Quote from julieK
    I am a new RN, and have just completed my first 6 months on an Oncology unit in NYC. We do lots of BMT's and it makes a big difference whether the patient is receiving his own stem cells or from a donor. With aplastic anemia, your relative will probably be receiving stem cells from a donor.

    It is a long process and the patients often remain in the hospital for many weeks. Until the engraftment occurs, they are severely neutropenic and, therefore, at extreme risk of infection. They are often on multiple antibiotics, mostly for prophylactic reasons. They can get terrible mucositis and it can go from the mouth all the way through the digestive tract. They often need blood and platelet transfusions at least every few days.

    Another main cause for concern is Graft vs. Host Disease. This is when the donated stem cells start attacking the patient as a foreign invader and is often deadly. I would be afraid to do it, but at the same time, this process is a life-saving one and many people end up doing well with it.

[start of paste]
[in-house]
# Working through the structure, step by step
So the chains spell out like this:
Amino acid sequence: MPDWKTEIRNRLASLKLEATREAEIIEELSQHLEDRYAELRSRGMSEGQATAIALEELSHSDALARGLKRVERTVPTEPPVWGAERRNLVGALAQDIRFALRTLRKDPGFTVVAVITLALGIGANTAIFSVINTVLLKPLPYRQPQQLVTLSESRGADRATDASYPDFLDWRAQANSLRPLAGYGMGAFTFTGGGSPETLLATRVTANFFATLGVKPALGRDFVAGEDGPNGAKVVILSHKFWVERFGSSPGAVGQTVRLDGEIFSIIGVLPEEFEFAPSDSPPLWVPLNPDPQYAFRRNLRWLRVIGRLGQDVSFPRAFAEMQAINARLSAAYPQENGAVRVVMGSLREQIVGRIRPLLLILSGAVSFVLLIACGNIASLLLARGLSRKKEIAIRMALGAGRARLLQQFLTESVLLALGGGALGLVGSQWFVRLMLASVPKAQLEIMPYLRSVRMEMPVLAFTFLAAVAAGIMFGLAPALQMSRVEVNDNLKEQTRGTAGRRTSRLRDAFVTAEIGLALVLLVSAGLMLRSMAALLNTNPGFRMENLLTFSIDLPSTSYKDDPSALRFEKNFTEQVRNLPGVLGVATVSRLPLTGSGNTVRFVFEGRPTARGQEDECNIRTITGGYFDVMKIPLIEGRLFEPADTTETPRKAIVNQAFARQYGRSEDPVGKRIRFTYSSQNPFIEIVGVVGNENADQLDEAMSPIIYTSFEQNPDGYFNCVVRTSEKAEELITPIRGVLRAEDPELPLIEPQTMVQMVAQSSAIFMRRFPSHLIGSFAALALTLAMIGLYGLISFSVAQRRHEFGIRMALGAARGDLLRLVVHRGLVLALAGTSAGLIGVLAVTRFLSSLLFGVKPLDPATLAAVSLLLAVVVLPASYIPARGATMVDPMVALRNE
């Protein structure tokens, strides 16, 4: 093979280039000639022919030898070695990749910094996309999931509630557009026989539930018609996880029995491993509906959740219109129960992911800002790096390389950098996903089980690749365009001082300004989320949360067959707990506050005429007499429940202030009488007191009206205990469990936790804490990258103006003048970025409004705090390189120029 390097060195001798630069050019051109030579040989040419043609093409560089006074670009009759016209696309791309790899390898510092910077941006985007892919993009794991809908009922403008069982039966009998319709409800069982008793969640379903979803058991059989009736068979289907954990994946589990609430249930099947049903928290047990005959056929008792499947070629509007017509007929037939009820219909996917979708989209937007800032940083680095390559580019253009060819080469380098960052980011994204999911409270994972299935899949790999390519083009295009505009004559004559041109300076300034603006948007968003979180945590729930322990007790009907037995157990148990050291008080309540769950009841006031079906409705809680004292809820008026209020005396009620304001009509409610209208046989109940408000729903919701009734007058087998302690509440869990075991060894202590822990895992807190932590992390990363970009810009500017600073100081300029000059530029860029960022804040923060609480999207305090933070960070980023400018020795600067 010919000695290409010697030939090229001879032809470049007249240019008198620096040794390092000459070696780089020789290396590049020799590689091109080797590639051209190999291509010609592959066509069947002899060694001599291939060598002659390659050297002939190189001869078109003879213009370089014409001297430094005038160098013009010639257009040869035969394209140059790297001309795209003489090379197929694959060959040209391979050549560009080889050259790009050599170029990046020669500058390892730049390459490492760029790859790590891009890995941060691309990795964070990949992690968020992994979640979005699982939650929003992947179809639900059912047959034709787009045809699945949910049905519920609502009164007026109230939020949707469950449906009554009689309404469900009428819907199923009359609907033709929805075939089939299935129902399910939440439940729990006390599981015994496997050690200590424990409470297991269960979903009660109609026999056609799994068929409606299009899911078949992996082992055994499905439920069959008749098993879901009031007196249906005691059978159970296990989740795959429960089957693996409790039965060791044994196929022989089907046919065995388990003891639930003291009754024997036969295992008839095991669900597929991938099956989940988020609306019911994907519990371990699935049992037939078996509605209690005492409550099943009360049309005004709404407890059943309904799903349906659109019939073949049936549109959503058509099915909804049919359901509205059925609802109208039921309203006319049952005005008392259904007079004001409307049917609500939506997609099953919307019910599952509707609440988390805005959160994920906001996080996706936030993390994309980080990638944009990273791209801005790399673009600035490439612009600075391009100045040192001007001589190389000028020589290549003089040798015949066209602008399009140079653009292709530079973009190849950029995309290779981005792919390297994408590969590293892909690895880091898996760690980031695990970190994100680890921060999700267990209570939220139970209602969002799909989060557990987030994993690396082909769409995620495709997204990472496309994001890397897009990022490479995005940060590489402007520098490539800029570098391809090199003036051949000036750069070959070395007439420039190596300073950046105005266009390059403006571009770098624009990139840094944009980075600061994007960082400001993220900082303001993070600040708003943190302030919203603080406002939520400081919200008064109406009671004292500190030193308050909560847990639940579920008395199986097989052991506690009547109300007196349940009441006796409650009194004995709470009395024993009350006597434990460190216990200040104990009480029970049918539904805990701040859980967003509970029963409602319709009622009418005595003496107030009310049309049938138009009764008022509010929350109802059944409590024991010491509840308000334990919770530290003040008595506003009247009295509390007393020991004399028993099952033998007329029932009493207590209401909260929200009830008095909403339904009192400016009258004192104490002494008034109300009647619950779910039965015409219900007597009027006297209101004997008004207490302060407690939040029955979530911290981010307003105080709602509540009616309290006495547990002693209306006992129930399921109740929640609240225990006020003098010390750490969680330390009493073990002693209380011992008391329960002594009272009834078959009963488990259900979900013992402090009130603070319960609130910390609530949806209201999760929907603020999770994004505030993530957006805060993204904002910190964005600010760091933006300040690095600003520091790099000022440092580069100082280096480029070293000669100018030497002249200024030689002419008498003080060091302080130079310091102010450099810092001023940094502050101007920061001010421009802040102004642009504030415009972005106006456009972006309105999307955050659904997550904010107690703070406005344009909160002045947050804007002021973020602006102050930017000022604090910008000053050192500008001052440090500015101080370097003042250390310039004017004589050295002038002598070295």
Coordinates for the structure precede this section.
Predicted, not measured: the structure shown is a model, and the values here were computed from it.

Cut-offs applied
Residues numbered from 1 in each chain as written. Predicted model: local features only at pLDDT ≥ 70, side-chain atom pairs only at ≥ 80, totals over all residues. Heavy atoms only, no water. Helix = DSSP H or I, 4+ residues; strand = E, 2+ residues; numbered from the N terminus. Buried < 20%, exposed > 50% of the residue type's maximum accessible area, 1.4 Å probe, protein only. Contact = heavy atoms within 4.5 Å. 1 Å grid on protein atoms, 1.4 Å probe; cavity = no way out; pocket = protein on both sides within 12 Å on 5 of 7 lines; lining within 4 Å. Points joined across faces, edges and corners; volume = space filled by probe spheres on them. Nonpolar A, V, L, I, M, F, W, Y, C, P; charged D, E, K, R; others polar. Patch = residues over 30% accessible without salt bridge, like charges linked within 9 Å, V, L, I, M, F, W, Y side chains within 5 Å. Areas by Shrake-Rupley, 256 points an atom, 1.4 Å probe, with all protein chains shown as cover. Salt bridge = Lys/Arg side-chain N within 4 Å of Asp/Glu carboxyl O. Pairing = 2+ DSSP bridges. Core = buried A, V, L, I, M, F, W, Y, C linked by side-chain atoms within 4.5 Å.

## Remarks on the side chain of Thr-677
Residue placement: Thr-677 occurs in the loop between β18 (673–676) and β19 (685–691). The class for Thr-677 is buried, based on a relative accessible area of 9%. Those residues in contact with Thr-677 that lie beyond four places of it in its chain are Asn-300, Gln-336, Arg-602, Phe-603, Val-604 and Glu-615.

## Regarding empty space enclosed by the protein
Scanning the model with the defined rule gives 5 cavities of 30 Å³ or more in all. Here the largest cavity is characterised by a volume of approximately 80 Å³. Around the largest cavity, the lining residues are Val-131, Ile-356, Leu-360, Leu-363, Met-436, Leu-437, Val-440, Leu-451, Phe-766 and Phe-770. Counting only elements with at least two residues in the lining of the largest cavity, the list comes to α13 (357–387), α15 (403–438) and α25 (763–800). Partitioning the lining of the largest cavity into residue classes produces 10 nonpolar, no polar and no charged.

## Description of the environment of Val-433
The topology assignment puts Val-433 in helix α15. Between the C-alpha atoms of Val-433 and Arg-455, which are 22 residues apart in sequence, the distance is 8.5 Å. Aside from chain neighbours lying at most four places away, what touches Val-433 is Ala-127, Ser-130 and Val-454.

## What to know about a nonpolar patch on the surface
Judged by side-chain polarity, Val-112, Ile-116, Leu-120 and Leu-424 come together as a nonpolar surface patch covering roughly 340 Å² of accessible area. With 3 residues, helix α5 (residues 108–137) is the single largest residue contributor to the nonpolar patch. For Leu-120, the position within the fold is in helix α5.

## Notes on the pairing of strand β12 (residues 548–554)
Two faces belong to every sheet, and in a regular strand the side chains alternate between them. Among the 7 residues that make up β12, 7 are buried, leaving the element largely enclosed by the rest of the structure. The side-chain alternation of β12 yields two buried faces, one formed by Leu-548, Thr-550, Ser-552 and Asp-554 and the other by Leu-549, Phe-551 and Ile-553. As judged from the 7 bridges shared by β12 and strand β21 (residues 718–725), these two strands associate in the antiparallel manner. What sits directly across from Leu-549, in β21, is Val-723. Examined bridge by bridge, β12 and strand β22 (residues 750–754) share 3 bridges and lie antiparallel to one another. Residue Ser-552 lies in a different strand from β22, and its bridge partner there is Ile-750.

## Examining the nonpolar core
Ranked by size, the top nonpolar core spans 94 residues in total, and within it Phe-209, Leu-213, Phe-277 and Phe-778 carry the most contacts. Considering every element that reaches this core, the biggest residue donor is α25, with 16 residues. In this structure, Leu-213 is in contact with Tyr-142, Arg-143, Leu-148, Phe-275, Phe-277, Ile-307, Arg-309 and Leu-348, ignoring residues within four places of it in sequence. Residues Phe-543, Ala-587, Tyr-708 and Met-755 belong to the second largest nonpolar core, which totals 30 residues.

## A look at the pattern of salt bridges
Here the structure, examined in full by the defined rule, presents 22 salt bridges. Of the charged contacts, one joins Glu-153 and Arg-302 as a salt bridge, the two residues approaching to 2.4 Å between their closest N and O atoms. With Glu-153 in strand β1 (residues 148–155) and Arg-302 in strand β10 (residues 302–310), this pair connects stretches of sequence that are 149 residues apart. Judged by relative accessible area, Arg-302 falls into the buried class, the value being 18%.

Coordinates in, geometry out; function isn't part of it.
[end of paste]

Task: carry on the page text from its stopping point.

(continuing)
I wish you much luck and I hope this has helped give a different perspective.

    -Julie
  5. by   julieK
    I'm glad I was able to help a bit. If you think of more specific questions, I might be better at answering those.

    -Julie
  6. by   Ladybug45RN
    I have worked BMT for approx 10 years. Fortuneately people with Aplastic anemia often do well going through transplant. Often the horrible liver, renel, and cardic side effects occur because of so much prior chemo as in people recieving BMT for cancers. Because AA don't usually have years of prior chemo they have less risk of these SE although there is some risk.

    The type of donor your friend receives might be the determing factors on how long she will stay immunosuppressed and/or how much graft vs host she might experience. If more than one doror is available, her doctor will be able to go over the pros and cons of v each with her...
  7. by   mac23
    Thanks Ladybug. My sister decided to go ahead and do it so now it's trying to work out the finanical side of things. It's amazing how much it's all going to cost. She's still unsure of her decision but I want her to be sure that she's doing it for her and not because the rest of us want her to. Unfortunately I'm in another state so I can't help all I want to right now. I'm just trying to gather as much info as I can.